When using an online library, tool, framework or something similar, what is the proper way to reference it in an article?

(I work in Computer Science). For example, I want to say that many popular implementations of the method presented in [article reference] use a slightly modified version of the main formula. I mention some examples for the implementation (e.g. OpenCV, VLFeat).

When thinking of a way to reference this, I have several dilemmas:

  • I could put a small explanation in a footnote or add it to the list of references
  • I could use the link to the main webpage or to an online manual
  • do I reference it at all?

This question about how to reference Python is somewhat similar. The difference is that the tools I want to reference are fairly well known in my community (unlike Python for biologists). In short, I am looking for a good way to acknowledge tools, frameworks or libraries not associated to any article in my writing.


3 Answers 3


A good citation has the following properties:

  • Gives credit where it is due for an (idea, tool, dataset, etc.) that is not your own.
  • Directs the reader of your paper where to look, if he/she wants to verify that your claims about the (idea, tool, dataset, etc.) are correct.

Any of the following can be used to cite a tool, as long as the above properties are satisfied:

  • If the authors of a tool explain how they would like it to be cited, follow those recommendations.
  • If there is a paper or tech report about the tool, cite that, because that is what the authors would probably want (if they didn't specify).
  • If there is no paper or TR, cite the website of the tool.

Of course, in most cases, you're not the first person to cite the tool - go search Google Scholar for the name of the tool, and find out how others cited it.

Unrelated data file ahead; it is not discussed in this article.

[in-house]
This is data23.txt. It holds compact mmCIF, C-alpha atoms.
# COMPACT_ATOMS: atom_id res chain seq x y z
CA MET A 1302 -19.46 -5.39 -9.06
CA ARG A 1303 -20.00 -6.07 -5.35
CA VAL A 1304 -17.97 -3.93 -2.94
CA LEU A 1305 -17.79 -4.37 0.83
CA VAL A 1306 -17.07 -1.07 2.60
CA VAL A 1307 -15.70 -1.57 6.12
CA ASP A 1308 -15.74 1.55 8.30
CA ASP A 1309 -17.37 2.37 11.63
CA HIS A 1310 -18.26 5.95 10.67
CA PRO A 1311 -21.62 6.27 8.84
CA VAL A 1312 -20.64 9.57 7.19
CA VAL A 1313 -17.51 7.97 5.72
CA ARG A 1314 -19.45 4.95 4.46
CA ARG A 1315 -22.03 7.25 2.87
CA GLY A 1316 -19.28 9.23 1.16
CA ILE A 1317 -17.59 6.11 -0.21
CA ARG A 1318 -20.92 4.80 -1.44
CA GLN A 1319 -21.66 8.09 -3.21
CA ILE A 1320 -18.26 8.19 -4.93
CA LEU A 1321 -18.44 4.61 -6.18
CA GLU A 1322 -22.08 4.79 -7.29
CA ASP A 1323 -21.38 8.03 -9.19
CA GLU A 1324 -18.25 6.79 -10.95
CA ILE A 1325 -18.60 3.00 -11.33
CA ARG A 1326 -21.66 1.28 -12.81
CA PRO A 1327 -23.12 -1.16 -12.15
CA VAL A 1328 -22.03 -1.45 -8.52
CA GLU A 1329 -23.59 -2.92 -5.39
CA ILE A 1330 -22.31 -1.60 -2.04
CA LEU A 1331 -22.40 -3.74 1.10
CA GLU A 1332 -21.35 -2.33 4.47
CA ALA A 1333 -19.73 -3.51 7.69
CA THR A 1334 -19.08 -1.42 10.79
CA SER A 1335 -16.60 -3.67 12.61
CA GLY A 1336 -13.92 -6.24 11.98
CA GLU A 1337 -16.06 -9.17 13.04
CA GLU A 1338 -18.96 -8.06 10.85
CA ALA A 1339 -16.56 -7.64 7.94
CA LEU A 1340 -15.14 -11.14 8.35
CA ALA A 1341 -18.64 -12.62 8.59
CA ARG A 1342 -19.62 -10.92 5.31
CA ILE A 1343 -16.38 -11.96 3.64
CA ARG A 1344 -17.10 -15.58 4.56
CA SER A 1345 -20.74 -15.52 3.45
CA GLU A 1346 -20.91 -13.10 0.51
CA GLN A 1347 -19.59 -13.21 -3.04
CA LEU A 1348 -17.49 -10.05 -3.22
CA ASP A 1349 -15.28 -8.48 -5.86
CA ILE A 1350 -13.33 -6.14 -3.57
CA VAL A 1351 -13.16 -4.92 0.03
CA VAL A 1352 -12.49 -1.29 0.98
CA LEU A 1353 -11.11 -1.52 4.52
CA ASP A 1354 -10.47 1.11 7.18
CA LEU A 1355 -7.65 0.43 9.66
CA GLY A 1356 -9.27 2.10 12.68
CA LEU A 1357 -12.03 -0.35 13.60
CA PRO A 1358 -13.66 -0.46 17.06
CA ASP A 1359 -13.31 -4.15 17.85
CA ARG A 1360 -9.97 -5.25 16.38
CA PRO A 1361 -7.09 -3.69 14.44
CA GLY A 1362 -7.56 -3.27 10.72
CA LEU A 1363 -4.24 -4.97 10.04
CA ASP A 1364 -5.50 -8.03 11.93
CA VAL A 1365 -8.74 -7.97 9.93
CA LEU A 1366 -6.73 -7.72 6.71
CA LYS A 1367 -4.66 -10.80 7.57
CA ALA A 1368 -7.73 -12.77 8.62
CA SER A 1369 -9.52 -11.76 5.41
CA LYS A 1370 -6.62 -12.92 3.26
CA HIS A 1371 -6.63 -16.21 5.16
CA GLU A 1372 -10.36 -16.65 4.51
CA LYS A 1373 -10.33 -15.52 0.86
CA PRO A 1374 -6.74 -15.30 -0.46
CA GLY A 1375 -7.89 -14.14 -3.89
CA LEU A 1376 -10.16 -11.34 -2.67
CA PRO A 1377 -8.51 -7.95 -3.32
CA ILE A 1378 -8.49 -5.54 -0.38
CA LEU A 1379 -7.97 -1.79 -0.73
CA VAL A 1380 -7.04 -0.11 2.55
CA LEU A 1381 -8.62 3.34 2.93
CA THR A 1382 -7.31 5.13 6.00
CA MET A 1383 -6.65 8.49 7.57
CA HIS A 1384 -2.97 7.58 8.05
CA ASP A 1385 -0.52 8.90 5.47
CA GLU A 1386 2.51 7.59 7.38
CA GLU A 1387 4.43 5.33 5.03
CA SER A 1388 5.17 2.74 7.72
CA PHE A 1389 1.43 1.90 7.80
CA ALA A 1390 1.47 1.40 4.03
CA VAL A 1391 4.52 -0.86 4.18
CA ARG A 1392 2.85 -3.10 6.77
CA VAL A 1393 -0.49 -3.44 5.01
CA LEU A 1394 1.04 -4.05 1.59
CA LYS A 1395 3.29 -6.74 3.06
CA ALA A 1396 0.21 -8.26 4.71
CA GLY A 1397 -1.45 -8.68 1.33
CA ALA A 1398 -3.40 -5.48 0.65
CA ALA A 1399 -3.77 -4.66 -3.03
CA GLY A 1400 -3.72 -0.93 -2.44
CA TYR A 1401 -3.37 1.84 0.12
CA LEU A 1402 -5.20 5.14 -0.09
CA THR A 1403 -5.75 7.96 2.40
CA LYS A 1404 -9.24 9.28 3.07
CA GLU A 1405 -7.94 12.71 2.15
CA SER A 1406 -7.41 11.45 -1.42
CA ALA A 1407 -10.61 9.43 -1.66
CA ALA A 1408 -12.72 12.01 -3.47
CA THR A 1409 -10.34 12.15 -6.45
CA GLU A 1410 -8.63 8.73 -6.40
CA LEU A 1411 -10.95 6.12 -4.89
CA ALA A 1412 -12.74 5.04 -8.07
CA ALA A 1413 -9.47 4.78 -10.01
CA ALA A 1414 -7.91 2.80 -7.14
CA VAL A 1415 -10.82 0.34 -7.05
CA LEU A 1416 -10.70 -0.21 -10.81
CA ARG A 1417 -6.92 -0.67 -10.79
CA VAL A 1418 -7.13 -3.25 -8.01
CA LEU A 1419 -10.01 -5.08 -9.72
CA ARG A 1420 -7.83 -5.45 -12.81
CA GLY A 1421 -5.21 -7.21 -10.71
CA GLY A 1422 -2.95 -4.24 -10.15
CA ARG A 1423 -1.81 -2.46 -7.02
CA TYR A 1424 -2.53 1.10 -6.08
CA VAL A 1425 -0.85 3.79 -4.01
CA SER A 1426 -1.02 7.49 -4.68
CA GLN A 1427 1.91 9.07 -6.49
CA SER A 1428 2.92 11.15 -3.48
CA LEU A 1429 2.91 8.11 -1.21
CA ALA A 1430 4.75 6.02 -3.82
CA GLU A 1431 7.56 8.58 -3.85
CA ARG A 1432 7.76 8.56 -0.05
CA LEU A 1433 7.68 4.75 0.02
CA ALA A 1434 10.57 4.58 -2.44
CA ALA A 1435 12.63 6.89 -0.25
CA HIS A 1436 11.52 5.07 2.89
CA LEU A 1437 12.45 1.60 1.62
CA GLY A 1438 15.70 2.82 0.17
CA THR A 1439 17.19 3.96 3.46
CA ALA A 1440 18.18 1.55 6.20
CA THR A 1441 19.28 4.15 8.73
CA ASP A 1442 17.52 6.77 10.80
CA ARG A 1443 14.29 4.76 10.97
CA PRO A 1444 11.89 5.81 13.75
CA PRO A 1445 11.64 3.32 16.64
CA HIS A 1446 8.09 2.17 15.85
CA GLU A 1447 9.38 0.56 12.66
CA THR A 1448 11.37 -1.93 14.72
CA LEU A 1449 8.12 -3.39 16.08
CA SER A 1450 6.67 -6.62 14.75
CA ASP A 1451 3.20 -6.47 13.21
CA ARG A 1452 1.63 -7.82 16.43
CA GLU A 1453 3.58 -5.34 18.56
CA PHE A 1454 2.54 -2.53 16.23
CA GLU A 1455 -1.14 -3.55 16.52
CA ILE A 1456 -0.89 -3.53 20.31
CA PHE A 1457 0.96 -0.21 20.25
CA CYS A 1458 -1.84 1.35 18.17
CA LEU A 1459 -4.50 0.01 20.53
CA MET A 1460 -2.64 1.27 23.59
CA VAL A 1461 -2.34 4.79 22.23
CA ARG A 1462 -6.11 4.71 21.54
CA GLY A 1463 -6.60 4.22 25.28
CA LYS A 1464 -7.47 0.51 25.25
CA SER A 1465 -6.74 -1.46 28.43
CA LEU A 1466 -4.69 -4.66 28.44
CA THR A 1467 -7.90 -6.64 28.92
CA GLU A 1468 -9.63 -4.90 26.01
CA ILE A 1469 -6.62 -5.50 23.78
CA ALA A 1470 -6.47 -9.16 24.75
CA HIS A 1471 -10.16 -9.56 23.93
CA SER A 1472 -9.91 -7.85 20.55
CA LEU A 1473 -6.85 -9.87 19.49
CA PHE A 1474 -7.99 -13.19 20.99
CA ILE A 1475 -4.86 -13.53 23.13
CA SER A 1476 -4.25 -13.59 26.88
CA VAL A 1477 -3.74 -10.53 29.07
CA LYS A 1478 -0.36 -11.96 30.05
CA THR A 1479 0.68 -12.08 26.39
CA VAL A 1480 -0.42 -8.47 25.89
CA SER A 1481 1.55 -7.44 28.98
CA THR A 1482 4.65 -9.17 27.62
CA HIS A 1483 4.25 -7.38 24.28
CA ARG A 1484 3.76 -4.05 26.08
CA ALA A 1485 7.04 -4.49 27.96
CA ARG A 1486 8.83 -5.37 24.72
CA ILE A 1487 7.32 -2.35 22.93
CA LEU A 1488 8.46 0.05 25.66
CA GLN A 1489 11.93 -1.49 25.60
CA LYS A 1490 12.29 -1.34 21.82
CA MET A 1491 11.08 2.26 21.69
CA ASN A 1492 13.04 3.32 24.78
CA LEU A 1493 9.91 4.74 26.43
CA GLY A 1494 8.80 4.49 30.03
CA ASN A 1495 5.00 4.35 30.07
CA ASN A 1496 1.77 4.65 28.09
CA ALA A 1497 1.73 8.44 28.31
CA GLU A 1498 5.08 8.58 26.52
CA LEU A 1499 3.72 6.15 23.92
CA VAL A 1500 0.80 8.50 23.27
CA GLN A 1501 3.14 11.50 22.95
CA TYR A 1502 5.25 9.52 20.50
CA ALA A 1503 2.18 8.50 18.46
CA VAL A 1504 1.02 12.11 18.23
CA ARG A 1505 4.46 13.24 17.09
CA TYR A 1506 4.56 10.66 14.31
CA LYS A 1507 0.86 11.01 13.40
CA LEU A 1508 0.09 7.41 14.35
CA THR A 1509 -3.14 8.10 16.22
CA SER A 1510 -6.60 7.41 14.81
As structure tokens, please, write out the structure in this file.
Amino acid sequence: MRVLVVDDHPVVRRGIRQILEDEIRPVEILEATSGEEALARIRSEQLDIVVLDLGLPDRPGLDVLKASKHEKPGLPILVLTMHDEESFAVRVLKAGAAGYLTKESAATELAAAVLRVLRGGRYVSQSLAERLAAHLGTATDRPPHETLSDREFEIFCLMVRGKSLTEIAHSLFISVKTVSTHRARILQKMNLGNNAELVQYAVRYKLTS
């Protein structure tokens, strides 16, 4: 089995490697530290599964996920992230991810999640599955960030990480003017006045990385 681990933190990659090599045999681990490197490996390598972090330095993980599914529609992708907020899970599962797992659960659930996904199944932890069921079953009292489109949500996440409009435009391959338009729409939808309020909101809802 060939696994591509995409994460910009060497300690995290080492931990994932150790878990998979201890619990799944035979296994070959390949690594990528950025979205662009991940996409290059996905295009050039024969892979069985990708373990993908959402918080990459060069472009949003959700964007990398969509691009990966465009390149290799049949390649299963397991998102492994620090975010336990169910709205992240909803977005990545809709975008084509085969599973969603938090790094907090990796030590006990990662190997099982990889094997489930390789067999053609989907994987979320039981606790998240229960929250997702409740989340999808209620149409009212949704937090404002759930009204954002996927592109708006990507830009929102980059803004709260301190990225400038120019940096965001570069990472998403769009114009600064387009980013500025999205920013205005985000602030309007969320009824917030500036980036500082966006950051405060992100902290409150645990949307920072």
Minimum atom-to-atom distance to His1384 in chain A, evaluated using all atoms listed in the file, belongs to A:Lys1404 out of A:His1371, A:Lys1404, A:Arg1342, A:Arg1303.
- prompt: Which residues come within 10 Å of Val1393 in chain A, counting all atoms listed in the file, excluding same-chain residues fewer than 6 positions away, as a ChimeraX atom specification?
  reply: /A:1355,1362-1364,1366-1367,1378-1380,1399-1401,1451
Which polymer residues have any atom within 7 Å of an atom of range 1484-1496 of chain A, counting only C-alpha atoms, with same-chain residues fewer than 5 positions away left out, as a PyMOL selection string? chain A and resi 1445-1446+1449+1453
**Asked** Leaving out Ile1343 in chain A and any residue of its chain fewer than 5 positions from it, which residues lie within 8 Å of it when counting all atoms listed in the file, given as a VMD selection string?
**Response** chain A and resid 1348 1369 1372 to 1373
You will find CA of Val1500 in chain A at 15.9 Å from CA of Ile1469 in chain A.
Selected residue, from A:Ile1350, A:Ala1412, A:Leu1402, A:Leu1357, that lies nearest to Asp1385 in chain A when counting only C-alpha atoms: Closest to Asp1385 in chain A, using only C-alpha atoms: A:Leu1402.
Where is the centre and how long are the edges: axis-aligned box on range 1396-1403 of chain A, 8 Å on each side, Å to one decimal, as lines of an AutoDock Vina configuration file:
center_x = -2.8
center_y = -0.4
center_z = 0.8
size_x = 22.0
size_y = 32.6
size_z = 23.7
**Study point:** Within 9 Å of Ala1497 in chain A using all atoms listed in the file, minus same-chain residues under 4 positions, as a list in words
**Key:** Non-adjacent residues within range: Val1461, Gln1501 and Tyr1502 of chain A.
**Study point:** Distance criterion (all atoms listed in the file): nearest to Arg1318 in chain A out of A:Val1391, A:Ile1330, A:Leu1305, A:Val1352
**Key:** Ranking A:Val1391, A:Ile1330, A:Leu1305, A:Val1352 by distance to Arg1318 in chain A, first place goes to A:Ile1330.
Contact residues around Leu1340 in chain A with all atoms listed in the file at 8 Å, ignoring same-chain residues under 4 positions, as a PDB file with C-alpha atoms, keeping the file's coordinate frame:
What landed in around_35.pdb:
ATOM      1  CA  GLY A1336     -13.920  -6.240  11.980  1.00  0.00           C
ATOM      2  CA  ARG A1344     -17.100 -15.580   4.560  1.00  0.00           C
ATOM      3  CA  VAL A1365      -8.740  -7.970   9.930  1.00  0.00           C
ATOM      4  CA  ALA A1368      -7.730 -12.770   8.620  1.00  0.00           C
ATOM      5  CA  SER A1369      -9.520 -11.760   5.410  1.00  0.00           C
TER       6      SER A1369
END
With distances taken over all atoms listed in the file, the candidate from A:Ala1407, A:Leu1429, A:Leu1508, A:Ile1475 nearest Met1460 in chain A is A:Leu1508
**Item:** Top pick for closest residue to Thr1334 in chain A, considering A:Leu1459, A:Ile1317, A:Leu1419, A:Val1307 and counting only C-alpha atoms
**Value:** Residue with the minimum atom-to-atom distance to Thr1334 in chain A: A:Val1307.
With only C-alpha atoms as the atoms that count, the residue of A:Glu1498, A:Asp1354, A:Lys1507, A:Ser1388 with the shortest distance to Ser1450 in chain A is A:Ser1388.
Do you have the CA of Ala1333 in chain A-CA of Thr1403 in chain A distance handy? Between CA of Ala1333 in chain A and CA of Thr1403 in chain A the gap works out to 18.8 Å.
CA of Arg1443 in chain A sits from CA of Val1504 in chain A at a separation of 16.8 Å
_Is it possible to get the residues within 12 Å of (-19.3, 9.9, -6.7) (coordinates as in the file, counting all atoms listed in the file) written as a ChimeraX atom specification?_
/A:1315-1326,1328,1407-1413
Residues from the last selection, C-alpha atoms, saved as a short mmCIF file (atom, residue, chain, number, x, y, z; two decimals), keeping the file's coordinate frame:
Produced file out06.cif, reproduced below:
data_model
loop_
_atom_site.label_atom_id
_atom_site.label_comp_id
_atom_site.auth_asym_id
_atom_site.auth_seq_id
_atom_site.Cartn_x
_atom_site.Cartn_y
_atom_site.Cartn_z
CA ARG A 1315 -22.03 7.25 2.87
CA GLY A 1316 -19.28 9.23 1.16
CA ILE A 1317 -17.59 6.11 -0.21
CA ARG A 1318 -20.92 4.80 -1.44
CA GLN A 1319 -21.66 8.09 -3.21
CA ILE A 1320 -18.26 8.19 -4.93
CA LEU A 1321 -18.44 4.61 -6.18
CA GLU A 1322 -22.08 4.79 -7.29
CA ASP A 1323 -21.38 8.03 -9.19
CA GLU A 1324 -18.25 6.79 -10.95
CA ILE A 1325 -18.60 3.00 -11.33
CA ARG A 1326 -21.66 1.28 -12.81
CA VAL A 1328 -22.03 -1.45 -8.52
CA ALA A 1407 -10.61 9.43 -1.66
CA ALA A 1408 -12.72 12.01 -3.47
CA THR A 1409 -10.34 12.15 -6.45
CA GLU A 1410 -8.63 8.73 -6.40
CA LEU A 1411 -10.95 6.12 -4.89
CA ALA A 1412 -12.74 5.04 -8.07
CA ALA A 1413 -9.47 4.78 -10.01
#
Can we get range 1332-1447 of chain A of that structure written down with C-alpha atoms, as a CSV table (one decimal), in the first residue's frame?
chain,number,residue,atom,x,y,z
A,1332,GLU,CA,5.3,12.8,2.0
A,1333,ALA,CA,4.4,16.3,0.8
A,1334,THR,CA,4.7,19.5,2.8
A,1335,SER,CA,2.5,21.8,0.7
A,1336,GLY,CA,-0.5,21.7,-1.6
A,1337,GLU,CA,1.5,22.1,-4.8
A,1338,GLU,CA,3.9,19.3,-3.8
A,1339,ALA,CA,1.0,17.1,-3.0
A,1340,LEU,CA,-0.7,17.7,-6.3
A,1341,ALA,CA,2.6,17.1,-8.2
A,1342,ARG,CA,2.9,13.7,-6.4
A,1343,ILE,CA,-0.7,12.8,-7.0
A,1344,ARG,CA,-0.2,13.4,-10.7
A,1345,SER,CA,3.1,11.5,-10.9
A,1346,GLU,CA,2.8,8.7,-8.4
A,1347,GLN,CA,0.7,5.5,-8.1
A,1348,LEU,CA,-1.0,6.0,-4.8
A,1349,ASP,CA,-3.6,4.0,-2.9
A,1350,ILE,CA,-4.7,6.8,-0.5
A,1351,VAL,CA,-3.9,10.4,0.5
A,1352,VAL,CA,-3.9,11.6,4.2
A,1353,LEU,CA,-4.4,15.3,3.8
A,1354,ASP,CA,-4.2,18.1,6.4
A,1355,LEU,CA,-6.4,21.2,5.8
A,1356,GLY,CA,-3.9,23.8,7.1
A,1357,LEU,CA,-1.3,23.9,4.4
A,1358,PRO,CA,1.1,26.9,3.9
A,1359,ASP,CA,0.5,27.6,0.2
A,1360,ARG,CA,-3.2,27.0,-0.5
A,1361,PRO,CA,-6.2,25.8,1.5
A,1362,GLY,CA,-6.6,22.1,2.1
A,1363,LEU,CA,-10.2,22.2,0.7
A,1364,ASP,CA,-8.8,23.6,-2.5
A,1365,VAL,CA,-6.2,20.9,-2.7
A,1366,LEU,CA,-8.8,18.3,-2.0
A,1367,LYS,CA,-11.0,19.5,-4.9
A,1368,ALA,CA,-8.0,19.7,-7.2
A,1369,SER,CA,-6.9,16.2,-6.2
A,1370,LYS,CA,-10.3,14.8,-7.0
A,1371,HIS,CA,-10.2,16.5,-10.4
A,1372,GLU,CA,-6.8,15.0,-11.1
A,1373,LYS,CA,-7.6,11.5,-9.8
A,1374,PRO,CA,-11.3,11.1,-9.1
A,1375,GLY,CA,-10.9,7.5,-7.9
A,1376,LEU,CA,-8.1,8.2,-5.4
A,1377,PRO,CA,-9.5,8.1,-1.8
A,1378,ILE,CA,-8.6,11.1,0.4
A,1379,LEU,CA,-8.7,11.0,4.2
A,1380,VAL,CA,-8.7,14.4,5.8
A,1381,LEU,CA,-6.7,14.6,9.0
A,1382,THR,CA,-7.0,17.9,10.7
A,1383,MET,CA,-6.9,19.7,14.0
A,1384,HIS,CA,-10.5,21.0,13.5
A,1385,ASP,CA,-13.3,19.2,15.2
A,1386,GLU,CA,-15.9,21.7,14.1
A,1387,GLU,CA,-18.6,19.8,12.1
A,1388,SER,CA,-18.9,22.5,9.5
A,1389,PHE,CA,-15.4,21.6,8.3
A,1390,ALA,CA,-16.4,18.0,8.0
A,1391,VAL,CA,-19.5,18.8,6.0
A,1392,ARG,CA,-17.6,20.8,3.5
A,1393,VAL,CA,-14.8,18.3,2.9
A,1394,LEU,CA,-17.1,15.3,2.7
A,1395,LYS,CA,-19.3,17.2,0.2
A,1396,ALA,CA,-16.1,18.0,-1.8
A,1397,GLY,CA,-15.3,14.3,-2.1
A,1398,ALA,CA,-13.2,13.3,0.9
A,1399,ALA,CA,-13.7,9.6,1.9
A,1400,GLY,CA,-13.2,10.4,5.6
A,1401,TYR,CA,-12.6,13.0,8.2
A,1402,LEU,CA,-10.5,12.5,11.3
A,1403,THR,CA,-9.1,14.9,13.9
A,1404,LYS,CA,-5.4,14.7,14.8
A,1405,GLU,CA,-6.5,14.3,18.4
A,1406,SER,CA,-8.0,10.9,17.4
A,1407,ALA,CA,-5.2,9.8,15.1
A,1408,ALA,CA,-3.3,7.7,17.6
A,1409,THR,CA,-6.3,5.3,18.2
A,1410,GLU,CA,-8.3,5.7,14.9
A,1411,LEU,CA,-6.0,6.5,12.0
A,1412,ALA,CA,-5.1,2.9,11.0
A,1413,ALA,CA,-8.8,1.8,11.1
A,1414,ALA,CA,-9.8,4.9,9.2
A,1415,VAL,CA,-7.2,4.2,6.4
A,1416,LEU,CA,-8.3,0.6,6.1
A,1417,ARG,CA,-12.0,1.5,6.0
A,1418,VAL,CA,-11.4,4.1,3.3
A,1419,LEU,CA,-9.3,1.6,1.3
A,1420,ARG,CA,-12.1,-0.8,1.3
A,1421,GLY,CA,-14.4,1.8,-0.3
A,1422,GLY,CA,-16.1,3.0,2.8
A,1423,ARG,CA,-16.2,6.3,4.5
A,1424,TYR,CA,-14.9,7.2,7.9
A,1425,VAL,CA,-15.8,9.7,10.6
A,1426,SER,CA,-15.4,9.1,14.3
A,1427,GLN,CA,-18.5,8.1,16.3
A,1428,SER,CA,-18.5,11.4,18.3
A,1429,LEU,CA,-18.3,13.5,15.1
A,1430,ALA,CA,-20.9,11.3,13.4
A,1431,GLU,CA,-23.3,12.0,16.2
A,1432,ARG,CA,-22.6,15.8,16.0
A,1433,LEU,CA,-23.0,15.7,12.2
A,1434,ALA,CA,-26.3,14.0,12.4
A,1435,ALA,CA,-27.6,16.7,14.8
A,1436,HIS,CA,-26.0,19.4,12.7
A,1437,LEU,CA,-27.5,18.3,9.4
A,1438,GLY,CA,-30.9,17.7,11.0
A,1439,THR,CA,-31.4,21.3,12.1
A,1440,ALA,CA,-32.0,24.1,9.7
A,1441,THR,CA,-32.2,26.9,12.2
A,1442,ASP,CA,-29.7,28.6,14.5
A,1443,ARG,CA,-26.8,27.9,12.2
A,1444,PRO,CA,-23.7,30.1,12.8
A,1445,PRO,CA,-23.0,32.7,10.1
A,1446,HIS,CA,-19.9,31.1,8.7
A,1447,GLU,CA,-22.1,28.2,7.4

I'd put emphasis on the literature review section of your article and/or thesis. From this perspective, there are two possible citation styles. First, instead of referencing a programming language, reference the concept that you are writing about. For instance, instead of saying

C++ (Stroustrup, 1986) is a programming language.


Stroustrup (1986) extends C to develop object-oriented programming by doing so and so.

In this way, you enrich your literature review and not simply accumulate references.

On the other hand, if the tool is quite novel and not used anywhere in literature yet, then cite who and where it was developed. For instance, SuperComp has developed SuperLang that you want to cite. It could look like this:

SuperComps (2014) develops Superlang for this and that so on and so forth.

The reference for it could be an online resource, book, manual, etc and will simply follow your referencing style e.g., APA, Harvard, etc.

So, you can simply cite OpenCV, VLFeat as either website, online resource, related paper, or patenting or licensing author(s).


If there where an article related to the presentation of the tool, framework or library then a proper citation should be used.

If you are looking for a good way to acknowledge tools, frameworks or libraries not associated to any article, (such as the case of Python) then you can do this in a footnote.

  • 1
    If I'm using a tool "generically" and want to point the reader to where they can find the code, I'd prefer a link to the code, not to an article describing it.
    – Suresh
    Commented Feb 26, 2014 at 17:42

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